Leading the cutthroat crew is Edinburgh-born Ernest Torrence as Captain Hook, a hissable villain with quite a scary face. A familiar one too — he played Steamboat Bill Snr in STEAMBOAT BILL JNR. He’s splendidly outfitted, with a domino ring on the finger of his good hand, and Torrence compensates for his genuinely disturbing face by doing a lot of mugging and sneering and generally letting us know that he’s in on the joke. This kind of thing works for the kids sophisticated enough to interpret, but I can imagine toddlers being terrified of him nonetheless.

In the best panto tradition, Peter is played by a girl, the disconcertingly sexy Betty Bronson (those thighs!). Mary Brian plays Wendy, a surprise to anybody whose seen her in 1930s roles like HARD TO HANDLE with Cagney or GIRL MISSING with Glenda Farrell.

It’s the gayest film there is.

Never Never Land is a sumptuous studio creation with giant mushrooms, underground dens, fake lions, and all manner of wonderment and make-believe. It’s a movie which should be revived more — any kid old enough to read the intertitles, or with someone handy to read them aloud, would get a kick out of it. Even if they couldn’t read, familiarity with the story via the Disney version or the 2003 CG-fest. The edge this one has over those later versions is that it isn’t irretrievably vulgar. (Actually, I like the Disney, but especially for the cobalt blue skies of its Edwardian London nightscapes.)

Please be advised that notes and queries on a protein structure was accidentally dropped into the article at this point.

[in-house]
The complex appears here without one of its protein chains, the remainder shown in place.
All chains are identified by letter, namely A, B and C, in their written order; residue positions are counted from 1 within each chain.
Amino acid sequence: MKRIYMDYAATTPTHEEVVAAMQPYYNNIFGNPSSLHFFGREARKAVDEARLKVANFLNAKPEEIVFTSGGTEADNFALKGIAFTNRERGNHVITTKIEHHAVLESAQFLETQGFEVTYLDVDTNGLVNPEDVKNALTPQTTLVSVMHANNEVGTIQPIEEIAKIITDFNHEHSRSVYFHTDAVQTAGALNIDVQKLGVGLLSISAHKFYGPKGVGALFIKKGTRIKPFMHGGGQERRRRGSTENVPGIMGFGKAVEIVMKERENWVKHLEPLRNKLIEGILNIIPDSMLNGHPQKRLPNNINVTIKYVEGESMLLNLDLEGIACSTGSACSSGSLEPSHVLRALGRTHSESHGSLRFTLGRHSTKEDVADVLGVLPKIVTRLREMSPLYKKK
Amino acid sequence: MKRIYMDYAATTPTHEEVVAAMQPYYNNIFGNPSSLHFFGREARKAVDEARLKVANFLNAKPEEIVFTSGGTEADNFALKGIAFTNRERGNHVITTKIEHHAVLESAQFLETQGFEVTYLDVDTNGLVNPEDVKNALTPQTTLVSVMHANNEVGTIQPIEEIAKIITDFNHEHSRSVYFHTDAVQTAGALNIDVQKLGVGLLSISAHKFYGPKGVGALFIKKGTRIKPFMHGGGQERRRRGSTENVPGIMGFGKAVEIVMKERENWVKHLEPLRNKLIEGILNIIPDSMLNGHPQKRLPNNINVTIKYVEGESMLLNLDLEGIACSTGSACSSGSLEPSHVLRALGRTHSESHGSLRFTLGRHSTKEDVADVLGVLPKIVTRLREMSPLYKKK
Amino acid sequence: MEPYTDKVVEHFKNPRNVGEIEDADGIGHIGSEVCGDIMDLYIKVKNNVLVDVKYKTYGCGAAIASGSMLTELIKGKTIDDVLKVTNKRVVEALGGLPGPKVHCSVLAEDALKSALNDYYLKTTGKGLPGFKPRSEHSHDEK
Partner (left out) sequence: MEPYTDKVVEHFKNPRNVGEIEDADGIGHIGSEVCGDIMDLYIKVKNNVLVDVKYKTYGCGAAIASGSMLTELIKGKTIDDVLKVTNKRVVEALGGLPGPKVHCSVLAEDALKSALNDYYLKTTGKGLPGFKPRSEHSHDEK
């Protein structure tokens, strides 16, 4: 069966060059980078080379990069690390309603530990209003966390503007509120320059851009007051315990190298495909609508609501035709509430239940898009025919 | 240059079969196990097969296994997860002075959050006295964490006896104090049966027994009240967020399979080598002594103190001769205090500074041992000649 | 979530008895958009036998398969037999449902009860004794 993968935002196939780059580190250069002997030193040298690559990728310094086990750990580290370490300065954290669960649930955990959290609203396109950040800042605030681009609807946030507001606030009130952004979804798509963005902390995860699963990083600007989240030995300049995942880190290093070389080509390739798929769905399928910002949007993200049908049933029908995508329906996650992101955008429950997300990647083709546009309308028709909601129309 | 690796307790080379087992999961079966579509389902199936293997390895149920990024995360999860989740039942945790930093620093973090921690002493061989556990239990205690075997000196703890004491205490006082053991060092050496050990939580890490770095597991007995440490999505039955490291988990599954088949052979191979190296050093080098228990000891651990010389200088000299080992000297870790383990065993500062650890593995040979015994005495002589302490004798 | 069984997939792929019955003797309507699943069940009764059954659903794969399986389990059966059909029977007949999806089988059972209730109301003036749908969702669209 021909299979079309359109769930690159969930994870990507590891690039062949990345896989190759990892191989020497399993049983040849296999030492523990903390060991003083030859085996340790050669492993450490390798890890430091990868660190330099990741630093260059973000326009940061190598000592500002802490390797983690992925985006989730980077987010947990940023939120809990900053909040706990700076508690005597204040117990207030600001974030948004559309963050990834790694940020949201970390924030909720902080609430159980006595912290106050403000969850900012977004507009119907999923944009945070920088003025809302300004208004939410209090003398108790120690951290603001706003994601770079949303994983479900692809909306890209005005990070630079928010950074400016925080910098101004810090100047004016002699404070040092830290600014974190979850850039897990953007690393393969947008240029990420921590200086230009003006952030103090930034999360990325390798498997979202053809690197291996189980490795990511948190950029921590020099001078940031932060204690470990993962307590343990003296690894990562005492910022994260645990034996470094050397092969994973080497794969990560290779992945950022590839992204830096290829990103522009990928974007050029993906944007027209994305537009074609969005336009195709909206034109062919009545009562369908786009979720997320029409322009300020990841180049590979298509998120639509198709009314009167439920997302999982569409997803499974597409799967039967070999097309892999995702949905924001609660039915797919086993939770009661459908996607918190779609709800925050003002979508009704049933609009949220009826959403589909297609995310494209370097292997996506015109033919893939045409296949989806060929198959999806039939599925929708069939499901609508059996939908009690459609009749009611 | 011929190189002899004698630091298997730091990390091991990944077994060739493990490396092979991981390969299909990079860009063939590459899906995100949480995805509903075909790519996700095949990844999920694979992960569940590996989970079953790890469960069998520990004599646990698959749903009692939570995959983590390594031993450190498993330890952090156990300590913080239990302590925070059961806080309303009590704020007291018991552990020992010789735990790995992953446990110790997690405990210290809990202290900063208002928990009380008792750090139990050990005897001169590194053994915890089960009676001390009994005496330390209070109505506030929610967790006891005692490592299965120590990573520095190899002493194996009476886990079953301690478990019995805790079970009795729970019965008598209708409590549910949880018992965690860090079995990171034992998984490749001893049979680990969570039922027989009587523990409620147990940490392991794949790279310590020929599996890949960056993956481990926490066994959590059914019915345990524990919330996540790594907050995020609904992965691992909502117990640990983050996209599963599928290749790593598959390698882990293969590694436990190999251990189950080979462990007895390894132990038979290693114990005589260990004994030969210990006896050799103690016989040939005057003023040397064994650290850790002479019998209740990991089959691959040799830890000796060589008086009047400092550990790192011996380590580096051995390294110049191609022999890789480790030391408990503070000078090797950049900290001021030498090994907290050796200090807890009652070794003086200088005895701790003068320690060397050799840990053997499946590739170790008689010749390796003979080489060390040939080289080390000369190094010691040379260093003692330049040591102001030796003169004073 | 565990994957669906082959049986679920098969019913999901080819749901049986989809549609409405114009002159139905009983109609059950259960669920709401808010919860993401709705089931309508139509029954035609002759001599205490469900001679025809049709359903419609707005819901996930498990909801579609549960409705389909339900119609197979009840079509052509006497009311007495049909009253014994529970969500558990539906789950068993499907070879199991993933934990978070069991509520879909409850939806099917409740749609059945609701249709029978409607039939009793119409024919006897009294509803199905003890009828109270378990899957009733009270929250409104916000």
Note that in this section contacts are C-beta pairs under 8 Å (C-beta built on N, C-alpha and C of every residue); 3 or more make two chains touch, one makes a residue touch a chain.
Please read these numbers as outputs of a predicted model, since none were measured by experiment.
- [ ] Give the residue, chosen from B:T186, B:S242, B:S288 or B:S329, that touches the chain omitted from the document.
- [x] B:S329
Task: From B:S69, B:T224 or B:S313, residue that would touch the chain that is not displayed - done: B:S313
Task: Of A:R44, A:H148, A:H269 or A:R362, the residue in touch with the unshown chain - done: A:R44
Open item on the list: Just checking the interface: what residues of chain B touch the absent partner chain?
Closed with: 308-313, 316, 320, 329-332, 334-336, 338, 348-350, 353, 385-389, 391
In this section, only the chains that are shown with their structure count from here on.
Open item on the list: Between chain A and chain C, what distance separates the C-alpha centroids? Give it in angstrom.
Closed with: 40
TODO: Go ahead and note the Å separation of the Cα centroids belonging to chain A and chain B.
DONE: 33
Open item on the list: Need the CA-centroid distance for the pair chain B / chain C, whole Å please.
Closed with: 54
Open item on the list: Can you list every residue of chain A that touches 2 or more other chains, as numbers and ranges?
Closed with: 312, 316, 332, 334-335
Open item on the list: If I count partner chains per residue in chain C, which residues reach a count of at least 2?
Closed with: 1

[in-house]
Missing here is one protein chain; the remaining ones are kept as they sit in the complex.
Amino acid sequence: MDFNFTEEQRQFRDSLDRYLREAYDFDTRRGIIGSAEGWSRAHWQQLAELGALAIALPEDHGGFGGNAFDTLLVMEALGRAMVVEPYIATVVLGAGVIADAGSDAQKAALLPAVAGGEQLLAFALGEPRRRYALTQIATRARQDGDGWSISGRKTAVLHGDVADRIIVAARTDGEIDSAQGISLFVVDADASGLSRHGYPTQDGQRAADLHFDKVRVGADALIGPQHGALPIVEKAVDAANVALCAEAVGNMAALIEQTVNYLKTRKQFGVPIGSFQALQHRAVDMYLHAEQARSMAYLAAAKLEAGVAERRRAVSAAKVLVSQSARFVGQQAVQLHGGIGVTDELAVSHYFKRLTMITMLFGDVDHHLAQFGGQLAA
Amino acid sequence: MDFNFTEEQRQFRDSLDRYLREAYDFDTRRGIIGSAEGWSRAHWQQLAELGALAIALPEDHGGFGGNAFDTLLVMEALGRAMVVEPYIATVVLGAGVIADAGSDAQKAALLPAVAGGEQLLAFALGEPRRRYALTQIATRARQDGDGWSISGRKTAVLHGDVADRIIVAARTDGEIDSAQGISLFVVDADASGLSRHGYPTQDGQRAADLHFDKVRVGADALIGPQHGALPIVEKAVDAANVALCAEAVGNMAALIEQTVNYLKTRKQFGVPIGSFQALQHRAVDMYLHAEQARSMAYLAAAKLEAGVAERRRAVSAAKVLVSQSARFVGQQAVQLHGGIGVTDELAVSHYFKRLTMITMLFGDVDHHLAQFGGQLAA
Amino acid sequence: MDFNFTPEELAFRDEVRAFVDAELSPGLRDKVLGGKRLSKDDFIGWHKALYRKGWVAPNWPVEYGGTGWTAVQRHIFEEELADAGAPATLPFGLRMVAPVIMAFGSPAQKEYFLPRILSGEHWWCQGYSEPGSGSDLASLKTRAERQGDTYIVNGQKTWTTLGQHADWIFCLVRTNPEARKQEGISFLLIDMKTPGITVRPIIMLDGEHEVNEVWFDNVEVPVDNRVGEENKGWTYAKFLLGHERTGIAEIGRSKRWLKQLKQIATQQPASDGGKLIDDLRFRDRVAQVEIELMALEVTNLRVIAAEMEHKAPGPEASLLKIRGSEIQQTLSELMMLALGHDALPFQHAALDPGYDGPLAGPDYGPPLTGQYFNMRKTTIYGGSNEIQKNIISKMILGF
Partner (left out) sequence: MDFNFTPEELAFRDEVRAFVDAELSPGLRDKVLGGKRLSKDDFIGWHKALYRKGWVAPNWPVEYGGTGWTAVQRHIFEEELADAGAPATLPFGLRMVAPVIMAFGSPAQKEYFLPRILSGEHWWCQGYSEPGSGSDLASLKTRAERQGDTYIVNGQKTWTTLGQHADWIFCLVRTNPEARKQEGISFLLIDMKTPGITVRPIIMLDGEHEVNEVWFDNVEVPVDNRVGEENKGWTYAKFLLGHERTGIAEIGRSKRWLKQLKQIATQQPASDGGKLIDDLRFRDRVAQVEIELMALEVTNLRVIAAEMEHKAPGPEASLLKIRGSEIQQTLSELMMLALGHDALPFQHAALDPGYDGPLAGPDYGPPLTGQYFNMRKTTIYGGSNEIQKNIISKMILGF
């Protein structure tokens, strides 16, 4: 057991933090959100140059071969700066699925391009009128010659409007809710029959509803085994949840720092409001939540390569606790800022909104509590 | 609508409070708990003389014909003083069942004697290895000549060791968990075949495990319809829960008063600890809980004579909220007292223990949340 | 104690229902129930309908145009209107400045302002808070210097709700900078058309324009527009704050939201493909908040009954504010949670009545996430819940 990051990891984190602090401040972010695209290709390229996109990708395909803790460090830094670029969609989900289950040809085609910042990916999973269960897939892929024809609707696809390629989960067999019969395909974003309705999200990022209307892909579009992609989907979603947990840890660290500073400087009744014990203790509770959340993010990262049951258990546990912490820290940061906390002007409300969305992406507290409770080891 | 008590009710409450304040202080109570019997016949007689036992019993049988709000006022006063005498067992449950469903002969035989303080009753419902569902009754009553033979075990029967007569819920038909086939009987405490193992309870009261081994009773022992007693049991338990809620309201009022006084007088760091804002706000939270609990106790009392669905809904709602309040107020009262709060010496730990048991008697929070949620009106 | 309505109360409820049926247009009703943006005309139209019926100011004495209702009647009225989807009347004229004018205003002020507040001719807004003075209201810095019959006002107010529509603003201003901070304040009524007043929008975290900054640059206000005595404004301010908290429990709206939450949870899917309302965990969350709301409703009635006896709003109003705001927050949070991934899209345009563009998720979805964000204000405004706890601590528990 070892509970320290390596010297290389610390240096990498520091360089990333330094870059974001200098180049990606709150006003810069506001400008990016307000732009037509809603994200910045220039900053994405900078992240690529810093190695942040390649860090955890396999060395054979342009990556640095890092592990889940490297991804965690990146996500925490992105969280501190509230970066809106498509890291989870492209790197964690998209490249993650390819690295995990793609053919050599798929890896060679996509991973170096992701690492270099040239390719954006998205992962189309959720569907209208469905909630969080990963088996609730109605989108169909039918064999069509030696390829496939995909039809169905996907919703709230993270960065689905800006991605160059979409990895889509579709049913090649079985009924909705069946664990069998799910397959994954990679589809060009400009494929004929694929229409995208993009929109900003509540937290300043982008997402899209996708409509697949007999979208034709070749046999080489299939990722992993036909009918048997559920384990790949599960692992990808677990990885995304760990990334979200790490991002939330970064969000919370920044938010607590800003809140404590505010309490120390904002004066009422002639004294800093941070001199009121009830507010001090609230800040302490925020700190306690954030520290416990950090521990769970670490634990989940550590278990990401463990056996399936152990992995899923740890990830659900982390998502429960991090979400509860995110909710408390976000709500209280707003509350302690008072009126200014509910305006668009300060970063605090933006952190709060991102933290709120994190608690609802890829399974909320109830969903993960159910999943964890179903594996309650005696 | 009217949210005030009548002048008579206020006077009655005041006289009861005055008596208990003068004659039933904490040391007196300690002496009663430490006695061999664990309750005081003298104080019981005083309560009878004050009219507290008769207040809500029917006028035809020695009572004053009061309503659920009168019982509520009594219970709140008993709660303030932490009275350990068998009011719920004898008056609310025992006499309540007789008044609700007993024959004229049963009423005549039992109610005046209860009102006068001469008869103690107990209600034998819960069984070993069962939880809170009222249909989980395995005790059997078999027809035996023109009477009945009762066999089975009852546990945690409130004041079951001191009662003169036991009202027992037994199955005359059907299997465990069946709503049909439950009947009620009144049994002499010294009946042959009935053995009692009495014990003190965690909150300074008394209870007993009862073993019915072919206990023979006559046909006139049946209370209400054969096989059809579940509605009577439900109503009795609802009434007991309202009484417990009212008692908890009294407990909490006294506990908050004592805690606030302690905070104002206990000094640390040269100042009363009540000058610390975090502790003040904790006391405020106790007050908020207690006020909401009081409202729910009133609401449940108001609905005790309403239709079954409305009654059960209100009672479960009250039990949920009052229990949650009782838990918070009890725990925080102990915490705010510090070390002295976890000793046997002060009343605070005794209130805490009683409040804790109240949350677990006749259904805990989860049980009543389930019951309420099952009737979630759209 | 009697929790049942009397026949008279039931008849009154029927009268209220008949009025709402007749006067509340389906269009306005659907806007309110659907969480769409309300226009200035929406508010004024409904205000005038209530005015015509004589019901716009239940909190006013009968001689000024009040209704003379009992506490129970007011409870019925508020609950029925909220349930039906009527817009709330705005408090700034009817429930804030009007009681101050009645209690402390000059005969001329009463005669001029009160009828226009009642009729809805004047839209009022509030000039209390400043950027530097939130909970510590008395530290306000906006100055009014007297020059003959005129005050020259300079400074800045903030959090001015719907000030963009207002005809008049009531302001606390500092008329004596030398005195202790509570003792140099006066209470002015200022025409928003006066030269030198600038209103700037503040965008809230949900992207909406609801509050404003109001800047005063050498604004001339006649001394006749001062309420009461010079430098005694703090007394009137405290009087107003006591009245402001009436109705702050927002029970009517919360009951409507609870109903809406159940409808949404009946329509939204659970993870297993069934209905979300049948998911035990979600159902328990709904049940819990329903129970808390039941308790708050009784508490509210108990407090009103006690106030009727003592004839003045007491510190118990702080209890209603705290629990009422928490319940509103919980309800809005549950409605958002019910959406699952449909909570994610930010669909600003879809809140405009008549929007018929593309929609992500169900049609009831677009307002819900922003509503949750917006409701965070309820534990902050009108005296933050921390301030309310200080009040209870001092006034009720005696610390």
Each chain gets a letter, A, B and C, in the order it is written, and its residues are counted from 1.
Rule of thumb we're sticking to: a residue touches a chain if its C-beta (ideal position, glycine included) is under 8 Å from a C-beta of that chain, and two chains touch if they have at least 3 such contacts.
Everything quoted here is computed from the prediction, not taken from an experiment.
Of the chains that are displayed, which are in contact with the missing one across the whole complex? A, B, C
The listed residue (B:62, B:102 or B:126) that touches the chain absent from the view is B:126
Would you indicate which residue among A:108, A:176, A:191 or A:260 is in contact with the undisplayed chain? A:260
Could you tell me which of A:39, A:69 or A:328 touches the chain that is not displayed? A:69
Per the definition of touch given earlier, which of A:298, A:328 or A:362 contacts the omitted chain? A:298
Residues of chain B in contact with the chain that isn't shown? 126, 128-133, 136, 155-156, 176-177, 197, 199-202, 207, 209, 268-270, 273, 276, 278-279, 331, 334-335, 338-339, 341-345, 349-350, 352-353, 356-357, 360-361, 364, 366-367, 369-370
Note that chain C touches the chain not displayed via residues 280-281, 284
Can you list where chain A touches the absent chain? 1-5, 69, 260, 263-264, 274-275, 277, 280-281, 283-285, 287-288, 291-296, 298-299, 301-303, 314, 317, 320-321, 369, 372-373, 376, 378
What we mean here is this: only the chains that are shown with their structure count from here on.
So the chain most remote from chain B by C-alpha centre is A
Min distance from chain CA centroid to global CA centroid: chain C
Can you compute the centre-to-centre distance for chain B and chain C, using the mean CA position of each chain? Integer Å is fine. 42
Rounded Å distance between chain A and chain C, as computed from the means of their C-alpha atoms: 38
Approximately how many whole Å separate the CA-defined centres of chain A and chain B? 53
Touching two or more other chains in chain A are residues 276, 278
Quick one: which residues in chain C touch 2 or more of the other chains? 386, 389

The movie is so faithful to the play, it even reproduces the famous audience participation moment where we’re all invited to clap and save Tinkerbell’s life. Betty Bronson’s appeal to camera (I mean her dramatic urging, not her pansexual attractiveness) is played with such conviction — stylised conviction, that is — it fair brings a tear to the eye.

Staying with the Scottish connection, one has to love Kelly MacDonald for saying that her favourite aspect of her own career is the outtakes from FINDING NEVERLAND in which her flying harness malfunctions as she careens through the air in a stage production of Peter Pan — she sails majestically out of shot, there’s an abrupt thud, and the camera readjusts to frame her flattened against the stage wall like Wile E. Coyote after an unsuccessful rocket-assisted lunge at the Road Runner.

Worth buying that DVD for the extras alone, but the movie itself is very sweet ~

UK: Finding Neverland [DVD] [2004]Finding Neverland [Blu-ray] [2004]

Johnny Depp’s accent? Well, I can recognize what it’s trying to sound like…

USA: Peter Pan